WNY could see increase in asylum-seekers crossing to Canada

This story was produced as a larger project by Tim O'Shei for the 2020 National Fellowship, which focuses on explaining the myriad mental health challenges refugees face and taking readers up close to those realities through the experience of families.

His other stories include:

Finding true safety and refuge to build a life in Buffalo

Three ways to help refugees – and each other – create a healthy path

Changing the system: Leaders share ideas for improving refugee health care

CHAMPLAIN — Around 9 o’clock on a late summer morning, Janet McFetridge answered a call from a federal officer who was asking for help. At the nearby Champlain Port of Entry, a crossingpoint on the New York-Quebec border, Canadian officials had delivered two parents and their baby into the care of U.S. Customs and Border Protection.

The young family, who came to North America from Haiti, was seeking refuge in Canada. Canada wouldn’t take them, and so the family ended up back in the United States, with nowhere to go.

“They don’t have much,” the officer said on the phone, by McFetridge’s recollection, “but we were able to give them some diapers.” 

McFetridge has gotten about 10 of these calls from CBP since March 20, when the United States and Canada largely closed their border in an effort to slow the spread of the coronavirus.

“Whoever calls me seems to be compassionate,” said McFetridge, a founding member of Plattsburgh Cares, which formed in 2017 to support the people who have come to Plattsburgh from around the world, hoping to find their way across the border and build new lives in Canada. More than 50,000 have done that since the election of President Trump, who promised and then delivered a tough-on-immigration border policy.

But a court case in Canada could potentially result in the nullification of the Safe Third Country Agreement, a pact that governs the way both countries handle asylum claims. A federal judge in Canada has ruled that the U.S. is no longer a safe place for refugees, and if that decision stands after a review period, it will have implications across the 5,525-mile border, including the potential increase in the number of asylum-seekers who cross into Canada through ports in Western New York.

'Don't come here'

Most of the people who come to Plattsburgh arrive via bus or train, or sometimes plane, and take a 35-minute cab ride here to sparsely populated Champlain, where McFetridge is village mayor. They ride to the end of Roxham Road, a nondescript rural lane with a horse pasture, trailers and a handful of homes, and then walk on the gravel into Canada. Once they cross, Canadian police officers – who are already stationed at Roxham – arrest them. When that happens, the people immediately claim political asylum.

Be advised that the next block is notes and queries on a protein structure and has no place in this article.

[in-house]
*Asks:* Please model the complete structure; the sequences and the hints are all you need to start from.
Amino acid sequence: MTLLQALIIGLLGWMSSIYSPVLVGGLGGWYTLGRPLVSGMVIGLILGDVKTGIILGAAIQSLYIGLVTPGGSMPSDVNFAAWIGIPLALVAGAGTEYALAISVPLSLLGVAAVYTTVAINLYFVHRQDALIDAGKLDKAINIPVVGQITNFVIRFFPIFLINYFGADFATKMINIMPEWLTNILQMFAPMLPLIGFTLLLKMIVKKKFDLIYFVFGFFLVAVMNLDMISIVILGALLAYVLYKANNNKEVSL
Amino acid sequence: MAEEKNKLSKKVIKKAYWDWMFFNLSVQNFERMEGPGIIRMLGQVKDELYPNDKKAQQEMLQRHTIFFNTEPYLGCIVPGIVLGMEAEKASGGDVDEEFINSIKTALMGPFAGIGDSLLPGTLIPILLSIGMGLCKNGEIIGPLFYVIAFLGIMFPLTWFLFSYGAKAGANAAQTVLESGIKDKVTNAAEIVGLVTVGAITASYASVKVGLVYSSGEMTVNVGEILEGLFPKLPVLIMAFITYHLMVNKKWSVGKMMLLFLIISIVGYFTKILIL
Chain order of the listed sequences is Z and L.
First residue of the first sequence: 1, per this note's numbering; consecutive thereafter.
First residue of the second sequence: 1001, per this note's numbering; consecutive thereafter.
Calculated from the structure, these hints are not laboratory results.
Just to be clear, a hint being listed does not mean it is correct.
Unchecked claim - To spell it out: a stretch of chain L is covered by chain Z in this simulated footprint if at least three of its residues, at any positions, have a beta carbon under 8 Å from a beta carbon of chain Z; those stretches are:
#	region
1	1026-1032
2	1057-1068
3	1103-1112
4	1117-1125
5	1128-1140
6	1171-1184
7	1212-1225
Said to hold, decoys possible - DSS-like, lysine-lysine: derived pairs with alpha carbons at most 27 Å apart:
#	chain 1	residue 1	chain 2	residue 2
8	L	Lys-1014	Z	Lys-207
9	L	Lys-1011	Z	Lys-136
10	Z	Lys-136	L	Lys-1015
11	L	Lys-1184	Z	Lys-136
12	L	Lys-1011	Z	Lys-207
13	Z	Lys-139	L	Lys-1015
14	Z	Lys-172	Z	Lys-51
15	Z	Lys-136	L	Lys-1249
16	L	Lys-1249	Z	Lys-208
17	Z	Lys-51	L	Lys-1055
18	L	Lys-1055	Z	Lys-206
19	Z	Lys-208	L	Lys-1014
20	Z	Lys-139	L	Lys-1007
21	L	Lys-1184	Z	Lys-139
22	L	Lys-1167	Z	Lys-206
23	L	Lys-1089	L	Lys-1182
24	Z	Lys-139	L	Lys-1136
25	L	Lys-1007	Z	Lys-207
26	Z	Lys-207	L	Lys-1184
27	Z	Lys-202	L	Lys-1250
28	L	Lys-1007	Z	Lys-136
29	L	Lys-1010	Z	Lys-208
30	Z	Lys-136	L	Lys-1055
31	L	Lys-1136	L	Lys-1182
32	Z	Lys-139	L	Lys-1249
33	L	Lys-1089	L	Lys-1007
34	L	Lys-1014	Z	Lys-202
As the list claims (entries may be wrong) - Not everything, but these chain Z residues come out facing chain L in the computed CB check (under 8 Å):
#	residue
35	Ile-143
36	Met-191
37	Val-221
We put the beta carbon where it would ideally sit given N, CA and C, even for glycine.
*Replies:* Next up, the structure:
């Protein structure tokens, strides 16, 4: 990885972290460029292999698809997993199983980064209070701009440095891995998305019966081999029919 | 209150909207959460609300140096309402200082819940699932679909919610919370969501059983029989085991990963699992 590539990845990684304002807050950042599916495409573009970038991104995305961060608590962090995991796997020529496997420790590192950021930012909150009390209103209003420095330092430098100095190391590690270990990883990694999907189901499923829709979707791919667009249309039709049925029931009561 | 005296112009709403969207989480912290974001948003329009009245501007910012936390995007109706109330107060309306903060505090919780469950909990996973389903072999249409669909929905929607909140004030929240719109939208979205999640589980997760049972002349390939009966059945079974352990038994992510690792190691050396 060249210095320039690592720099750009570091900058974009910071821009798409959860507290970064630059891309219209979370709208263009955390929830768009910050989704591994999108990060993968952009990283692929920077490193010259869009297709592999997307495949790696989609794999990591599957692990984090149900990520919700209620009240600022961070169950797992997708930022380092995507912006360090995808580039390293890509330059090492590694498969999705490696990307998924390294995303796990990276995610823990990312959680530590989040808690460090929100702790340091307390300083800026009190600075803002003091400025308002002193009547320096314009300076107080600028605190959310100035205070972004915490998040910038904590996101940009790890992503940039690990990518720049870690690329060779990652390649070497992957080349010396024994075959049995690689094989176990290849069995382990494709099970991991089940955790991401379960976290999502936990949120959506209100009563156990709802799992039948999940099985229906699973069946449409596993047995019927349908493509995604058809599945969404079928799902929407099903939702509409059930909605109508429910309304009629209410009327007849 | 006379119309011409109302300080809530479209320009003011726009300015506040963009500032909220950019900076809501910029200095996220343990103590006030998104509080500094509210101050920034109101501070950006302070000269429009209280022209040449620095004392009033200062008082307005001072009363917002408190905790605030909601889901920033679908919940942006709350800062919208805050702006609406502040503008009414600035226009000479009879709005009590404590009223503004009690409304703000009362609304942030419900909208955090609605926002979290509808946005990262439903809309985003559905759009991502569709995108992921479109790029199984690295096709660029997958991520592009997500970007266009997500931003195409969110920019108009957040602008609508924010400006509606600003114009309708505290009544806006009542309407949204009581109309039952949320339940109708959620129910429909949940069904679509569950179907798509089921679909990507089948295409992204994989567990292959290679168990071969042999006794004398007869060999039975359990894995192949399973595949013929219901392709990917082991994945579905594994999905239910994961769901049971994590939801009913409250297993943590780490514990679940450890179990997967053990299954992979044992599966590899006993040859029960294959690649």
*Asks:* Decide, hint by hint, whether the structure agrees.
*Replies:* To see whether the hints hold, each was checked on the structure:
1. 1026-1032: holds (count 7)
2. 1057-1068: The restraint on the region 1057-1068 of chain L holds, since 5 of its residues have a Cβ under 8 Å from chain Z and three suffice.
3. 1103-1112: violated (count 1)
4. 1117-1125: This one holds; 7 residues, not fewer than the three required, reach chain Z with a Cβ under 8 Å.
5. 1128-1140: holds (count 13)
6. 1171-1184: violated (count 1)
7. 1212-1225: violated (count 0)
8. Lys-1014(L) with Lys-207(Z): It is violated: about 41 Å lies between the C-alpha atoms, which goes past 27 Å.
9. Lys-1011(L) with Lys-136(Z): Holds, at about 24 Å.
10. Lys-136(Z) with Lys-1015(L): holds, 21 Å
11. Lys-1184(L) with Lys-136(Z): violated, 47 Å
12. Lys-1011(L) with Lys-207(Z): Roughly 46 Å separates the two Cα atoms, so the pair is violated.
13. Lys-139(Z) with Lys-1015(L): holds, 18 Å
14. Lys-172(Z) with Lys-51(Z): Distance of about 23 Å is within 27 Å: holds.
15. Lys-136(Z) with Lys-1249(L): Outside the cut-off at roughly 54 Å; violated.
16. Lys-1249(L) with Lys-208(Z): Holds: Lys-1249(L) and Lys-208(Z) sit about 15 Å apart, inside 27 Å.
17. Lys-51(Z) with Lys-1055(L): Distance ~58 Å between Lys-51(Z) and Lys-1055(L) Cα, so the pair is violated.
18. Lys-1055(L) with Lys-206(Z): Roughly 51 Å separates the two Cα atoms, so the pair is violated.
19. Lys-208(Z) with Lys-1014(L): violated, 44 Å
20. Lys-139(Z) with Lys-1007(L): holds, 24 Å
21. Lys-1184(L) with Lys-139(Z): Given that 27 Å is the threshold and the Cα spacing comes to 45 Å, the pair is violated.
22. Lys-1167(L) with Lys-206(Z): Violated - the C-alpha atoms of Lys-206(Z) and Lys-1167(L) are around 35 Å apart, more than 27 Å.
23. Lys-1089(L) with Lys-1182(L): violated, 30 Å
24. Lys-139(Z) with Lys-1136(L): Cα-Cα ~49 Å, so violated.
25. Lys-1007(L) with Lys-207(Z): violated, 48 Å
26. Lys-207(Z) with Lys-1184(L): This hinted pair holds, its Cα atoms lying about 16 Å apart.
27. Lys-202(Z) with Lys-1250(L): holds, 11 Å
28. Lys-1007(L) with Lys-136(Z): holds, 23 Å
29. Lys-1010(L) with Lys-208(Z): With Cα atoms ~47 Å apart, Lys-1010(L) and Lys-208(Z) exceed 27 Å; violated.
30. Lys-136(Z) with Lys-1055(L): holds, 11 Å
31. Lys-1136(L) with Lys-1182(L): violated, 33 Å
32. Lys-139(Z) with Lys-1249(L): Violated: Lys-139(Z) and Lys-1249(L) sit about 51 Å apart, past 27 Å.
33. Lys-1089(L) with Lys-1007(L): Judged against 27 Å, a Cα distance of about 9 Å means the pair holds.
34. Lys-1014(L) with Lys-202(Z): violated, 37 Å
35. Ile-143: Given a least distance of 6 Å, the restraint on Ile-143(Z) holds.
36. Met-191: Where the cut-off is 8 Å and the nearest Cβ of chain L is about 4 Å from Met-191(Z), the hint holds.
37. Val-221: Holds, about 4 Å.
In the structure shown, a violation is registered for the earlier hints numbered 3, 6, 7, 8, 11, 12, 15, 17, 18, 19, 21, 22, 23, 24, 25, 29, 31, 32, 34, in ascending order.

It isn’t legal, but it works.

Or at least it used to work.

The Safe Third Country Agreement between the United States and Canada requires refugees to seek asylum in whichever country they are in first. If they come from a dangerous situation in they home country and find their way to the United States, the Safe Third pact requires them to seek refuge in the States – even if they believe Canada is the safer option. But there’s a loophole: People who find their way into Canada between ports of entry, perhaps by jetting across the Niagara River or – more likely, and more safely – crossing at Roxham Road, they can claim asylum there.

Or at least they could. 

When the pandemic began, Canadian Prime Minister Justin Trudeau announced that Canada would return all asylum-seekers, including those who crossed irregularly between ports, to the United States. That, along with Amtrak and Greyhound stopping train and bus service from New York City to Plattsburgh, cut the flow of people northward to a trickle. McFetridge still receives emails through the Plattsburgh Cares website from people wanting to claim asylum in Canada, but she tells them, “Don’t come here. You can’t cross.”

Community help

Frances Ravensbergen, who lives just across the border in Hemmingford, Quebec, and is a member of the refugee support group Bridges Not Borders, said, “We're getting an increasing volume of emails that we're documenting of people who are saying, ‘Can I cross? Can I cross? Tell me how to cross,’ even though we're saying, ‘Unless you've got a really close relative in Canada, and in case of extreme possibility that you will be killed when you get sent back home, your chances are really, really small. You're going to be sent back to the American side.’ ”

Sometimes those individuals are U.S. green card holders, or here on a visa that still has time before it expires. The people sent back may also have children who were born in the United States and are therefore citizens, or be here with pending removal proceedings or a notice to appear. In cases such as those, CBP officers may ask for community assistance.

“CBP will often communicate with local community organizations for a variety of reasons,” Chief CBP Officer Aaron Bowker told The News in an email. “In this particular case, CBP can contact Plattsburgh Cares when they encounter individuals and/or families who have no means post CBP inspection.”

Bowker added, “It is not a common occurrence that their assistance is needed, but they have been helpful in assisting individuals who would otherwise be stuck at the port by stepping in and providing some basic services."

 The family from Haiti is an example. McFetridge went to the port of entry and met the family. They spoke Creole – no English – and the father knew a bit of French. McFetridge, who is a retired French teacher, spoke to him slowly “to make sure that he was understanding what was happening to them.” She had recruited a local cab driver to take the family to Plattsburgh, where another member of Plattsburgh Cares who has connections in social services would help them get a hotel.